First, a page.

You may remember that back In 2020, Google gradually began rolling out an update to their core algorithm, which promised to take into account measures of the quality of web page experiences in its search ranking.
Page Experience metrics included Core Web Vitals, which measure real-world user experience for loading performance, interactivity, and visual stability. Specifically, the three core metrics according to which Google aims to measure quality of user experience on web pages by are:
- Largest Contentful Paint (LCP): Measures how long it takes for the main content of a page to load.
- First Input Delay (FID): Measures how long it takes for a page to process a users’ first interaction - perhaps a button click - on a website.
- Cumulative Layout Shift (CLS): Measures how much content on a page shifts around while loading. This is perhaps the most involved measure of the three, as it doesn’t track speed, but rather visual stability of the page.
Beyond those, Google also talked about taking into account the sites’ mobile-friendliness, safe-browsing, HTTPS-security, and adherence to intrusive interstitial guidelines, meaning an absence of annoying pop-ups.
Did these plans of making page experience an important part of Google search rankings actually pan out? Not so, according to an analysis by Sistrix: When the SEO company tracked Google Search ranking changes of 46,042 sites after the completion of the full Page Experience update, they found that sites not meeting those basic UX requirements did not receive a poorer Google ranking. They even found a “slight positive trend in Google visibility” for sites with bad UX practice.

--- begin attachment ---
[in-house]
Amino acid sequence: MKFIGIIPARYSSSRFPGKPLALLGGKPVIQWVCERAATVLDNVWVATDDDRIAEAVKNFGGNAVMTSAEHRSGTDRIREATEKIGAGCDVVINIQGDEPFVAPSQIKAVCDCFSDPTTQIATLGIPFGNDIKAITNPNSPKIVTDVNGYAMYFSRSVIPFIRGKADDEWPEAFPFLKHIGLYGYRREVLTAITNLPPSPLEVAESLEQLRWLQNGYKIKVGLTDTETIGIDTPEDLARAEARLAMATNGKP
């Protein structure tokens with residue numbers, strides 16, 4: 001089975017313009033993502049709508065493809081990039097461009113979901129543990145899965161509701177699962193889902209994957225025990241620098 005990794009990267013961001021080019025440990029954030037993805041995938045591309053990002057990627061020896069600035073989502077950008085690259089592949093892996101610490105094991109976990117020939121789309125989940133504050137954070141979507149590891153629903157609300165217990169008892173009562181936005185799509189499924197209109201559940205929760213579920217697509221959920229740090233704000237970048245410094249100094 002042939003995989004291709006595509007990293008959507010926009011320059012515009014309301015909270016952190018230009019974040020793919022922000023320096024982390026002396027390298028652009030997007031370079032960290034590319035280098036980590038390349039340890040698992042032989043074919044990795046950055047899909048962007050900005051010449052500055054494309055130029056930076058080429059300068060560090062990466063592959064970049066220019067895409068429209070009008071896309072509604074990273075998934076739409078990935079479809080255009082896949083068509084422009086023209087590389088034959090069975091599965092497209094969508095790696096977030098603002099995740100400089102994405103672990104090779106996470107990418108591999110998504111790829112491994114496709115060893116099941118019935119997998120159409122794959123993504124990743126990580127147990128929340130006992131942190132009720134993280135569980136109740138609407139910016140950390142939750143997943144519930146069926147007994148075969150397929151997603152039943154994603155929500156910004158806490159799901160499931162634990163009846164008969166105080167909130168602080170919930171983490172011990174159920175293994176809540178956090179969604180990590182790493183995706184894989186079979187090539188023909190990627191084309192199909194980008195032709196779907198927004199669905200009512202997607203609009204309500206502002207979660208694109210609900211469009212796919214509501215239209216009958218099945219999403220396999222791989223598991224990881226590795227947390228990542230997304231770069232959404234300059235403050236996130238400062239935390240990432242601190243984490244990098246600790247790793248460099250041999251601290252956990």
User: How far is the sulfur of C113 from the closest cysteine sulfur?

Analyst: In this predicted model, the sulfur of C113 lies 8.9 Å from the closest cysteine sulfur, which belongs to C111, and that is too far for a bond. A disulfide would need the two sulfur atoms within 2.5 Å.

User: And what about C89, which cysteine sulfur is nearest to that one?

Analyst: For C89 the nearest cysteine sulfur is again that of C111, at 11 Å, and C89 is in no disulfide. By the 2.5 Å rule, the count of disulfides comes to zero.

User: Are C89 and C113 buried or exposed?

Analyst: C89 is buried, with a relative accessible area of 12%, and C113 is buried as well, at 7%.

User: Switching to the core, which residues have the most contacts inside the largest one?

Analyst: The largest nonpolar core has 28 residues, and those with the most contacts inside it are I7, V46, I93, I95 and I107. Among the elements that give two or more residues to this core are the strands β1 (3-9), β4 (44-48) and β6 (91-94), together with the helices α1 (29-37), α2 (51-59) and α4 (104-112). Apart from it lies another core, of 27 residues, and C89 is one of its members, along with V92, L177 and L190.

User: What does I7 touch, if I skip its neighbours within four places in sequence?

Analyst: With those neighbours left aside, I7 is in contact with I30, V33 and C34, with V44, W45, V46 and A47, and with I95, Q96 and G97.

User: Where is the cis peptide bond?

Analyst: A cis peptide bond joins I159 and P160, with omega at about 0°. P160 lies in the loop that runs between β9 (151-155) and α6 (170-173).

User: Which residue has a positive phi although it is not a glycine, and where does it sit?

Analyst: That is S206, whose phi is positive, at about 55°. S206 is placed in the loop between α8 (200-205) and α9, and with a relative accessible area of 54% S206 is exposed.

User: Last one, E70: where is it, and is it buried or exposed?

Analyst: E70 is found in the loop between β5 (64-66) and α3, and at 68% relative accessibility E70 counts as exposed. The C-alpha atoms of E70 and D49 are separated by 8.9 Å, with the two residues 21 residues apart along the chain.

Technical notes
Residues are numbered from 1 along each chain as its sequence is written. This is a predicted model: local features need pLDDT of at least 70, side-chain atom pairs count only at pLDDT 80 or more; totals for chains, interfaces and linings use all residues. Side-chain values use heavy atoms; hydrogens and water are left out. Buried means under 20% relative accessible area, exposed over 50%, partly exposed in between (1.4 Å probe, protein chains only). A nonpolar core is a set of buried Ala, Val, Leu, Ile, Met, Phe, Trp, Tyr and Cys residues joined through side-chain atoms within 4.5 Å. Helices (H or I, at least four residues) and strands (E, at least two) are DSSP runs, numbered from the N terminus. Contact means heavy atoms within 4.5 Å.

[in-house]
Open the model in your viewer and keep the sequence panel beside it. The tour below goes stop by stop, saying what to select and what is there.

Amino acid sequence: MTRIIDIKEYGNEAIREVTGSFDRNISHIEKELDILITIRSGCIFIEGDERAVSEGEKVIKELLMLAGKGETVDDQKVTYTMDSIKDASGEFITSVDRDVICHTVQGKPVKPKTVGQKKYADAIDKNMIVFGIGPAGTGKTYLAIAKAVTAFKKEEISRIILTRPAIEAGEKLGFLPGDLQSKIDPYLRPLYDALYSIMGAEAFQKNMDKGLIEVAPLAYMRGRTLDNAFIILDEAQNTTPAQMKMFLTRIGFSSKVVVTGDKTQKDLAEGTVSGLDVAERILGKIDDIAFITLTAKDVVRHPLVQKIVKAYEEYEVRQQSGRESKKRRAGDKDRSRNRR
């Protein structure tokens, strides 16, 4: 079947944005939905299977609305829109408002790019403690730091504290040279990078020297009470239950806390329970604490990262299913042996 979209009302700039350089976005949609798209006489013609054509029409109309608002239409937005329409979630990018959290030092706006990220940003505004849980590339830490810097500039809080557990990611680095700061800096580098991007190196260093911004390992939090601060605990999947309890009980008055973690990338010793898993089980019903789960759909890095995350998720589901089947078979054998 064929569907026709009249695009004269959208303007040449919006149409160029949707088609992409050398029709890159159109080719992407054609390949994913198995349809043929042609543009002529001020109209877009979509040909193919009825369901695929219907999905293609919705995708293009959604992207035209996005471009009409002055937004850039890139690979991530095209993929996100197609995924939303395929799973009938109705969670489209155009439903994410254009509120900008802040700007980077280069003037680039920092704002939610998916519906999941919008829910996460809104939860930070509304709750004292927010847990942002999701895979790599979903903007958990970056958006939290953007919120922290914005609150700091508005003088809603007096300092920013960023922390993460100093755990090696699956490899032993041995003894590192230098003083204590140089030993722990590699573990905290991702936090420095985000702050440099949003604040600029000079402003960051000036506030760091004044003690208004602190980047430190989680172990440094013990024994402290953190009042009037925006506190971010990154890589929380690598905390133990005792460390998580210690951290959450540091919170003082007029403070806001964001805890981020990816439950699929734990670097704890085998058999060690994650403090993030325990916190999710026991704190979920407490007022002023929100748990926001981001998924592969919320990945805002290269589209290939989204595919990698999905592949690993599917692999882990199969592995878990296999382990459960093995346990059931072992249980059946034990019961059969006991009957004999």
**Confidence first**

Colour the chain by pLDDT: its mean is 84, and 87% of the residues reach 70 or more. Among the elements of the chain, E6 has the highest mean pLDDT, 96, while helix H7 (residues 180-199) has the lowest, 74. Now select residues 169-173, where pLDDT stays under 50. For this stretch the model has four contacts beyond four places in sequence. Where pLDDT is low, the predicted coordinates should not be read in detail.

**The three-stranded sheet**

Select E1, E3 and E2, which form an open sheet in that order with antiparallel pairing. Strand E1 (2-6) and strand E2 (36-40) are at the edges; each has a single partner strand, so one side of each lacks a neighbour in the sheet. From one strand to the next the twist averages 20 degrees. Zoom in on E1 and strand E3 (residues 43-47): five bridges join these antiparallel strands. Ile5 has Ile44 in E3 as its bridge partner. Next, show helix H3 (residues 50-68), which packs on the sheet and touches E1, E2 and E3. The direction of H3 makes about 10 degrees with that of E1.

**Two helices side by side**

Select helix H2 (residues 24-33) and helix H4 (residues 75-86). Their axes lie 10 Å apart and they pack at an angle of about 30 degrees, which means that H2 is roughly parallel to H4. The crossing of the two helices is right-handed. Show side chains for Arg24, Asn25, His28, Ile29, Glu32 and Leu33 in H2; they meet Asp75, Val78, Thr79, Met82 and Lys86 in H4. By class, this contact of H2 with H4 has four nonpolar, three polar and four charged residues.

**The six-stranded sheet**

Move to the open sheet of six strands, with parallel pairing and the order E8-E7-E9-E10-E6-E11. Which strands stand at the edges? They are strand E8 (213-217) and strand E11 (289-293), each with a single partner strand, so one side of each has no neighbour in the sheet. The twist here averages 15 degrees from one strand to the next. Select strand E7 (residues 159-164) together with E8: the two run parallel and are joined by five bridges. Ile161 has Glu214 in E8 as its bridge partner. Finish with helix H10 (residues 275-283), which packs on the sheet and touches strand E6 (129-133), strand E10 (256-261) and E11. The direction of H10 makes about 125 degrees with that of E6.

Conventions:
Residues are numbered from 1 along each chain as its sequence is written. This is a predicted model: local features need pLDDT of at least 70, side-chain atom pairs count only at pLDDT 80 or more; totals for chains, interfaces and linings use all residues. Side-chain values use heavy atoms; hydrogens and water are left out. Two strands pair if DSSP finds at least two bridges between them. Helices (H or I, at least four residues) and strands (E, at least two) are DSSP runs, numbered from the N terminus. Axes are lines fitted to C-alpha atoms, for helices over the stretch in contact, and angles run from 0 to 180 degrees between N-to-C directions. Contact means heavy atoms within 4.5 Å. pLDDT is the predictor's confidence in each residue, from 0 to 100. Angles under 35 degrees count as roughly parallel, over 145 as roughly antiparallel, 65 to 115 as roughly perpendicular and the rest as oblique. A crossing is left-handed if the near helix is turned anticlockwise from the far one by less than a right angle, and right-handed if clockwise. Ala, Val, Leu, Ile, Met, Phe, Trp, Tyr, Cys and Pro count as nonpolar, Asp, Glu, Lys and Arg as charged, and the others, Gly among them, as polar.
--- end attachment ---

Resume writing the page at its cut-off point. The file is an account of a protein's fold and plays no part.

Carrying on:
So was google lying to us the whole time?
While Google Search rankings might more accurately reflect Page Experience as a matter of concern in the future, it's worth reminding ourselves why we want better user experiences in the first place - and that it's not just to increase Google Search rank. User experience is fundamental to improving business performance, increasing page views by over 40%, decreasing bounce rates by 50% and increasing total sales by 70%. (as shown by a study by Djamasbi and colleagues). So it’s still critical for companies to invest in updating their user experience, even if Google is not ranking on it.
To help kickstart your journey to better user experience, we have gathered some primitive best practice principles for consideration.
Is your hero message powerful? The landing page hero needs to make a powerful first impression, setting the tone for your brand. It needs to be inspiring and stir the right emotions and mental associations in order to engage.
Are you building credibility? Trust is hard to establish and easy to lose. If your website is full of typos or broken links leading to 404 pages, credibility is quickly undermined, as this shows your customers that you are not interested in ensuring quality experiences.
Is your audience in control? Rather than overwhelming with information, make sure that, at each point of the user journey, users feel motivated to learn more about your products or services, and that they are comfortable with the level of insight you give at each stage.
Can you optimise your navigation? Aside from information architecture, there are also navigational elements that need to be optimised in order to not complicate the user journey. Buttons must be clearly visible and easy to press, and just as easy to interact with on desktop as on a mobile device. Navigation must be simple and aided by an easily accessible search function. This way you ensure that even very time-poor users do not feel frustrated. All of this is crucial to optimising conversion rates.
So whether you invested in user experience for the sake of your Google ranking or not, it's still paramount to the success of any website or online service.
Reach out to the Pomegranate Team today to supercharge your digital experience for business success.